Hong Kong’s flagship airline Cathay Pacific said on Monday it would cut 600 staff as part of a major overhaul to slash costs and repair its bottom line.
The company posted its first annual net loss in eight years in March, citing intense competition as lower cost airlines, particularly from mainland China, eat into its market share.
It pledged at the time to slash costs by 30 per cent, saying that middle and senior management would be targeted without giving numbers.
In a company statement Monday, the airline said it would shed a quarter of its management — or 190 roles — as well as 400 non-managerial positions at its Hong Kong head office.
“We have had to make tough but necessary decisions for the future of our business and our customers,” said CEO Rupert Hogg.
“Changes in people’s travel habits and what they expect from us, evolving competition and a challenging business outlook have created the need for significant change.”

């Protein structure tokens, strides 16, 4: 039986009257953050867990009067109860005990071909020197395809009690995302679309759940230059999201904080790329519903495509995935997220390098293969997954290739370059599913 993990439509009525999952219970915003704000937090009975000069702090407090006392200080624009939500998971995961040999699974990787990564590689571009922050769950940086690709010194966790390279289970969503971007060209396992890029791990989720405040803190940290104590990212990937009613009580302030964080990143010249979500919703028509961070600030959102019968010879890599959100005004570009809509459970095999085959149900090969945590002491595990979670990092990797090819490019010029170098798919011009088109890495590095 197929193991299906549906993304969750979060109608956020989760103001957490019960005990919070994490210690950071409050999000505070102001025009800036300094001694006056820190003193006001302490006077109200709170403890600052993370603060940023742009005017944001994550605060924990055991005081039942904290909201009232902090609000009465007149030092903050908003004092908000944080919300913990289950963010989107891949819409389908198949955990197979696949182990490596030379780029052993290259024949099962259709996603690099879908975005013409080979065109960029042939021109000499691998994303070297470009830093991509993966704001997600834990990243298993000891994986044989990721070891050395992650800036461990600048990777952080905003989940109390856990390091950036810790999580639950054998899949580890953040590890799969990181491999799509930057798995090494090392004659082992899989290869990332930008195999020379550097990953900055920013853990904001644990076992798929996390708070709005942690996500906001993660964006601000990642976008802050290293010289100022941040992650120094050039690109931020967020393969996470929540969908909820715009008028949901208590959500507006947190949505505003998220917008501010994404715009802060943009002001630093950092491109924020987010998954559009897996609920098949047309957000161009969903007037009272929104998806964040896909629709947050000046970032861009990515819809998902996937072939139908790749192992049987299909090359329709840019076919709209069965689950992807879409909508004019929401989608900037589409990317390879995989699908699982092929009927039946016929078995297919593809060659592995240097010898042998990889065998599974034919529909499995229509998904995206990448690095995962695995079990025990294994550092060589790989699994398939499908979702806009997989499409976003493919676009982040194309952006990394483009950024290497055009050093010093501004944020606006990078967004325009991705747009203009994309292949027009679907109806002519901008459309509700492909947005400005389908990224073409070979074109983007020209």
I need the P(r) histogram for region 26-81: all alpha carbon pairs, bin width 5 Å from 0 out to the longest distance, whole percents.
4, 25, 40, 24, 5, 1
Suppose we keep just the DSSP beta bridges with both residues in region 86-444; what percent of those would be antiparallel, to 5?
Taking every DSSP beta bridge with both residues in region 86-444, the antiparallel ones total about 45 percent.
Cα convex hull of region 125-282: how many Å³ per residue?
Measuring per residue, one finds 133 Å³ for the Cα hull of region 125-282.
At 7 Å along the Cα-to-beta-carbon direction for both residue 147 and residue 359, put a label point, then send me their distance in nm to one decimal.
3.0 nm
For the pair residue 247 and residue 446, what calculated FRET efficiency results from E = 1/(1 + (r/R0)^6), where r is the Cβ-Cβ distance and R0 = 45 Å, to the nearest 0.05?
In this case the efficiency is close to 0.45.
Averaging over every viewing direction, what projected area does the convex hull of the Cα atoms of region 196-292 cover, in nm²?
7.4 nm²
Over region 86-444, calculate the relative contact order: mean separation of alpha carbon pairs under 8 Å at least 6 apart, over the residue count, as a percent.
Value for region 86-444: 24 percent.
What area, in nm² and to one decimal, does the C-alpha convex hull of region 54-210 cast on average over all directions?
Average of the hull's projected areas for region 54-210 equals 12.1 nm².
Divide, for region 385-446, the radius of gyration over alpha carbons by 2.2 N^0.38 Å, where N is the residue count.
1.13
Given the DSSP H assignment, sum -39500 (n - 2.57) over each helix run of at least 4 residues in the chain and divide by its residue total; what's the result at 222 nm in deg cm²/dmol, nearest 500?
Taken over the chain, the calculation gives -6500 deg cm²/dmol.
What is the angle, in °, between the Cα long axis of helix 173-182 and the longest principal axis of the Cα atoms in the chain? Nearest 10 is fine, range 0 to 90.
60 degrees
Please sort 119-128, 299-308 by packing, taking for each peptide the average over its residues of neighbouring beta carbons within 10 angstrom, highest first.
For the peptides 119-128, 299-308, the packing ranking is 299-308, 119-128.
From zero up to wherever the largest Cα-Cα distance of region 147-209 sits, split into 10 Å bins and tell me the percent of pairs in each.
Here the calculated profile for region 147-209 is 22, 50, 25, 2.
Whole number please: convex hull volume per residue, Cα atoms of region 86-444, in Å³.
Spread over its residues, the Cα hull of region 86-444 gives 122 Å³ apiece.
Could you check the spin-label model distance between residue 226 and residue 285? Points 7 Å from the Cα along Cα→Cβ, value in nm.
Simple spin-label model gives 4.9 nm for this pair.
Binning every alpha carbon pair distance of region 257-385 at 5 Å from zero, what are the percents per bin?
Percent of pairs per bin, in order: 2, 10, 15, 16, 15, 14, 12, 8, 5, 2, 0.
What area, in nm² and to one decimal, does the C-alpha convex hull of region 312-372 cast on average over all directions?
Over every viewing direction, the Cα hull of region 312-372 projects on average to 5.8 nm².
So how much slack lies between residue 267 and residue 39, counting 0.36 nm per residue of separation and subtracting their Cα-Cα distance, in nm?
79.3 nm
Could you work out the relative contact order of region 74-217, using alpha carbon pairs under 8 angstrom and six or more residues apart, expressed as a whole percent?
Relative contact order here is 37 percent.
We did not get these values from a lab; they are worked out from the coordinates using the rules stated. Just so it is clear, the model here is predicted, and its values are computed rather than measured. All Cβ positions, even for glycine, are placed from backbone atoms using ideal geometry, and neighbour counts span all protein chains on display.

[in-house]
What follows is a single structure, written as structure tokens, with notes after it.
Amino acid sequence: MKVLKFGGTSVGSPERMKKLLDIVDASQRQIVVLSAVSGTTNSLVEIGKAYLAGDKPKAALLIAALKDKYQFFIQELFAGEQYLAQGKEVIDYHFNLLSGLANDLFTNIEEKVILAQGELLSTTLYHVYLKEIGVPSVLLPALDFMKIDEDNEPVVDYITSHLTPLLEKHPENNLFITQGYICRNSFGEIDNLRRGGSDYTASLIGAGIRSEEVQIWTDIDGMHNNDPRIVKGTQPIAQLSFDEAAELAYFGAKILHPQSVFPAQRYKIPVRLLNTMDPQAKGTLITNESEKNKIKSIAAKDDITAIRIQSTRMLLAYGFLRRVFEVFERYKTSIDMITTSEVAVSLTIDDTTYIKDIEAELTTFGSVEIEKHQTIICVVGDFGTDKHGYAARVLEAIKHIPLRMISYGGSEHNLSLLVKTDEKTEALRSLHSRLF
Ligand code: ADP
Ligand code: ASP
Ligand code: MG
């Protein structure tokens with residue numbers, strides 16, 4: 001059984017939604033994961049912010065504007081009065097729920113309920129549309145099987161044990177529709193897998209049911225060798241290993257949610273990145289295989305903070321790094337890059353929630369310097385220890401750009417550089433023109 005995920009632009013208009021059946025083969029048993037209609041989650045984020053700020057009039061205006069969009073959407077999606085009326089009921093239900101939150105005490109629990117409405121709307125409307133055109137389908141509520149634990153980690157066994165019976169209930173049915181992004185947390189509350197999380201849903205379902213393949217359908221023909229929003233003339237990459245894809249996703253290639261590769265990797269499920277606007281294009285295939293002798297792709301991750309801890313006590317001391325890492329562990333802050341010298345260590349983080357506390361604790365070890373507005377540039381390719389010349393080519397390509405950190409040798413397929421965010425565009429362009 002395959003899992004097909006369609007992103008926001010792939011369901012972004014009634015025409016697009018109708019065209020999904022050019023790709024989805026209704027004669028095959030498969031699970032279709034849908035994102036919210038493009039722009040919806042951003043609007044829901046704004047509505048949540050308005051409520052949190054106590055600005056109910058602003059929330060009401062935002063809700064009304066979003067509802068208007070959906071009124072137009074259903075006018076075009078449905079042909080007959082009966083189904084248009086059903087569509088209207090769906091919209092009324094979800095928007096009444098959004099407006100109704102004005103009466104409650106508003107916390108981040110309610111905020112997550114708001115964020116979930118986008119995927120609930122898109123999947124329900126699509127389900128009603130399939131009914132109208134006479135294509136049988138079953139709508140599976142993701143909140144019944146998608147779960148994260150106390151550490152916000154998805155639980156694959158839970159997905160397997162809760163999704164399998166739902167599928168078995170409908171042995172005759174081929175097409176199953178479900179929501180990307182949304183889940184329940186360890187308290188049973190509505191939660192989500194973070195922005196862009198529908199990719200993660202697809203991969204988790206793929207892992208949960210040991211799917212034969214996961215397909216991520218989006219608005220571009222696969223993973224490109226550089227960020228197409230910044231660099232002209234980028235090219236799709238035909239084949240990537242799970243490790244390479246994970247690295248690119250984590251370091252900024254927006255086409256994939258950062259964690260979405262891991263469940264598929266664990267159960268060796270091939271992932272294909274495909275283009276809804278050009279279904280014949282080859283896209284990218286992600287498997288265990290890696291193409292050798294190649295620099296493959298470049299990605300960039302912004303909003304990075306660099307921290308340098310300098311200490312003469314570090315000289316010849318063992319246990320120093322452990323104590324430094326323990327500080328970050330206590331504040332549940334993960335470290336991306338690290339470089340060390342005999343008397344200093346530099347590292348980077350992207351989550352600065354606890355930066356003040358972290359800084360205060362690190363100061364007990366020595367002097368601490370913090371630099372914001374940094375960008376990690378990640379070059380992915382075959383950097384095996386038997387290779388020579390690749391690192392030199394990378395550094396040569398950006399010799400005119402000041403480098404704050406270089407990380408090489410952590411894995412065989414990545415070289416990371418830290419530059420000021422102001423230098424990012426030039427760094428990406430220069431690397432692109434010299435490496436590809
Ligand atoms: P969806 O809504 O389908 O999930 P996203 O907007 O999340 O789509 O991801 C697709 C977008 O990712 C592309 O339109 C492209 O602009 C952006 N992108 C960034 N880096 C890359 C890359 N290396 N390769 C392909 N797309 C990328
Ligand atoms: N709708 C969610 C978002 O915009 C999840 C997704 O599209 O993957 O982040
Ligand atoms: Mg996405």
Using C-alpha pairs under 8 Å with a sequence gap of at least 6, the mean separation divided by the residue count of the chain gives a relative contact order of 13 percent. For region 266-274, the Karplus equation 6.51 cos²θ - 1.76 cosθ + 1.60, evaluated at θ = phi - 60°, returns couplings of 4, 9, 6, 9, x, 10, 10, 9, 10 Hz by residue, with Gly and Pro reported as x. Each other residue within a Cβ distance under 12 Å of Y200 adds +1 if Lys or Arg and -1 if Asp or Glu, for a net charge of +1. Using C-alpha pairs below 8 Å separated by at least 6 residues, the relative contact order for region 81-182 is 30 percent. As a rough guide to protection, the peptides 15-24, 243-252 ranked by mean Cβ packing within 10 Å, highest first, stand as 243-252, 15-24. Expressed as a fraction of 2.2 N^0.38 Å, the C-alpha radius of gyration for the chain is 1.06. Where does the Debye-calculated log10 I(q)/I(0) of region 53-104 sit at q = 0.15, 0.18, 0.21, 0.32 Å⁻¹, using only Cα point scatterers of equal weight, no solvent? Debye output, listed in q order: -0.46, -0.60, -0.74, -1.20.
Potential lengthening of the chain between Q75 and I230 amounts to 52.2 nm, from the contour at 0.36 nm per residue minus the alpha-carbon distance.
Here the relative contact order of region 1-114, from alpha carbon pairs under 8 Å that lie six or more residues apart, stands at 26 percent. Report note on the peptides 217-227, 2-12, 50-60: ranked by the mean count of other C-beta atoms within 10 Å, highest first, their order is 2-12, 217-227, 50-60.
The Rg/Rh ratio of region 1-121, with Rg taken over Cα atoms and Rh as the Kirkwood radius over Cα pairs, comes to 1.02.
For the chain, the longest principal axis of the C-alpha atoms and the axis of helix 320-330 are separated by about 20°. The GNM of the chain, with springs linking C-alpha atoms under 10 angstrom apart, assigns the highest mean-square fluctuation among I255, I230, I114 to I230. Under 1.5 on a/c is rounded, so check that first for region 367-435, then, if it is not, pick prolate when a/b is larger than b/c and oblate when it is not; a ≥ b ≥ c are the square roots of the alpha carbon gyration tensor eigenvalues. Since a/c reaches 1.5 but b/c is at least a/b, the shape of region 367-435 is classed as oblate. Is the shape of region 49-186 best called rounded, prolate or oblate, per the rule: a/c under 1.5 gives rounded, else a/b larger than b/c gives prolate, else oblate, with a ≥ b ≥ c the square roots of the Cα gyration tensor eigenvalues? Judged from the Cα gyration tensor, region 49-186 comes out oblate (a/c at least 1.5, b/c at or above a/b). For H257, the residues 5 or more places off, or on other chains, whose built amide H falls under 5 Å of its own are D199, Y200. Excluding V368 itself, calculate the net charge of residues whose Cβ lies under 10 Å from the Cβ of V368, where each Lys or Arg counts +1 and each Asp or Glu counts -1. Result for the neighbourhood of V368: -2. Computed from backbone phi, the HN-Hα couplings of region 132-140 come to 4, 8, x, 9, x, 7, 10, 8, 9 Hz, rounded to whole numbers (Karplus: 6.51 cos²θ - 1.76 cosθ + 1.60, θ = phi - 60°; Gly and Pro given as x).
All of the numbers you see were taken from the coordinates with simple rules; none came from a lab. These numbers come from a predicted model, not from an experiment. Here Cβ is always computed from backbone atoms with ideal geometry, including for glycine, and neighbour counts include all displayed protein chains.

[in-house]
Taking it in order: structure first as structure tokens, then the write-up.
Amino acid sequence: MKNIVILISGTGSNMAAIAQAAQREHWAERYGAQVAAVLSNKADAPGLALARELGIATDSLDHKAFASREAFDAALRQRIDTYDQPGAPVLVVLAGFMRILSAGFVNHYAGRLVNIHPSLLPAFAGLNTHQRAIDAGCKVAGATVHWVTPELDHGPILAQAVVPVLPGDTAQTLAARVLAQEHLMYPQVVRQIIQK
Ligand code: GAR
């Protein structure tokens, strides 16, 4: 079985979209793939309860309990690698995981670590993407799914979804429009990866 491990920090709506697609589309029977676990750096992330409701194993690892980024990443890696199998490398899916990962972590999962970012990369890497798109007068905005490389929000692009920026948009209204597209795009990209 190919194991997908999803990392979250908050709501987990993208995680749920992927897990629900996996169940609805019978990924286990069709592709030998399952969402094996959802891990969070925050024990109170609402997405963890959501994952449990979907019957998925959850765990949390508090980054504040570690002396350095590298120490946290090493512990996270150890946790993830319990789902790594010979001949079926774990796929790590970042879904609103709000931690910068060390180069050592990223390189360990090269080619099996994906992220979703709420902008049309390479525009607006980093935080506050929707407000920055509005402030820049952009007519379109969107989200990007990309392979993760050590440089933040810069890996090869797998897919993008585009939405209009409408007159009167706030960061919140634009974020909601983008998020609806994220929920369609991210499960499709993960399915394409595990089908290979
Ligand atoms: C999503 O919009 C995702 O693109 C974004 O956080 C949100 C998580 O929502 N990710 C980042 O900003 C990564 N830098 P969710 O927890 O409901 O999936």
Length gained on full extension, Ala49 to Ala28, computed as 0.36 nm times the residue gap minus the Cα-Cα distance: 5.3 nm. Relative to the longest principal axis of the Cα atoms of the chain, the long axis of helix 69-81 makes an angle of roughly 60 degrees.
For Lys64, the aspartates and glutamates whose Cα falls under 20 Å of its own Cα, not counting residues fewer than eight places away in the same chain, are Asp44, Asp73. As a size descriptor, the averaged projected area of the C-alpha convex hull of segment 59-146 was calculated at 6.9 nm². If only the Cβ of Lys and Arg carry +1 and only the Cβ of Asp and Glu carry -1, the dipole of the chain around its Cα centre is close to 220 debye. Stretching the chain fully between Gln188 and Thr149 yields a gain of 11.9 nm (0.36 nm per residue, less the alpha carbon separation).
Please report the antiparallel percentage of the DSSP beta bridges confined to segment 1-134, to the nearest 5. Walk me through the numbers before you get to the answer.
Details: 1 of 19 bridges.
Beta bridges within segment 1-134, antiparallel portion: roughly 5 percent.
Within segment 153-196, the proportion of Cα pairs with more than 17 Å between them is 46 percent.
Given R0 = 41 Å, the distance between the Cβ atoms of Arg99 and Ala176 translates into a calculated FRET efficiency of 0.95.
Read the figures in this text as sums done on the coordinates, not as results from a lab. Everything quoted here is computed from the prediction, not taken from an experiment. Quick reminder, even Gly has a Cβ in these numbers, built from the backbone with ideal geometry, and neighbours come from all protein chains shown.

No pilots, cabin crew or frontline employees would be affected, but they would be asked “to deliver greater efficiencies and productivity improvements”, the statement said.
Cathay has been struggling despite an expansion of international air travel in the region, and announced a major restructuring programme in January after posting its first annual net loss since 2008 at the height of the financial crisis.
The airline is also losing premium travellers as it comes under pressure from Middle East rivals that are expanding into Asia and offering more luxury touches.
Today’s announcement is the first since Hogg replaced Ivan Chu on May 1 as part of a management shake up.
Cathay shares rose 2.3 per cent in early trade today.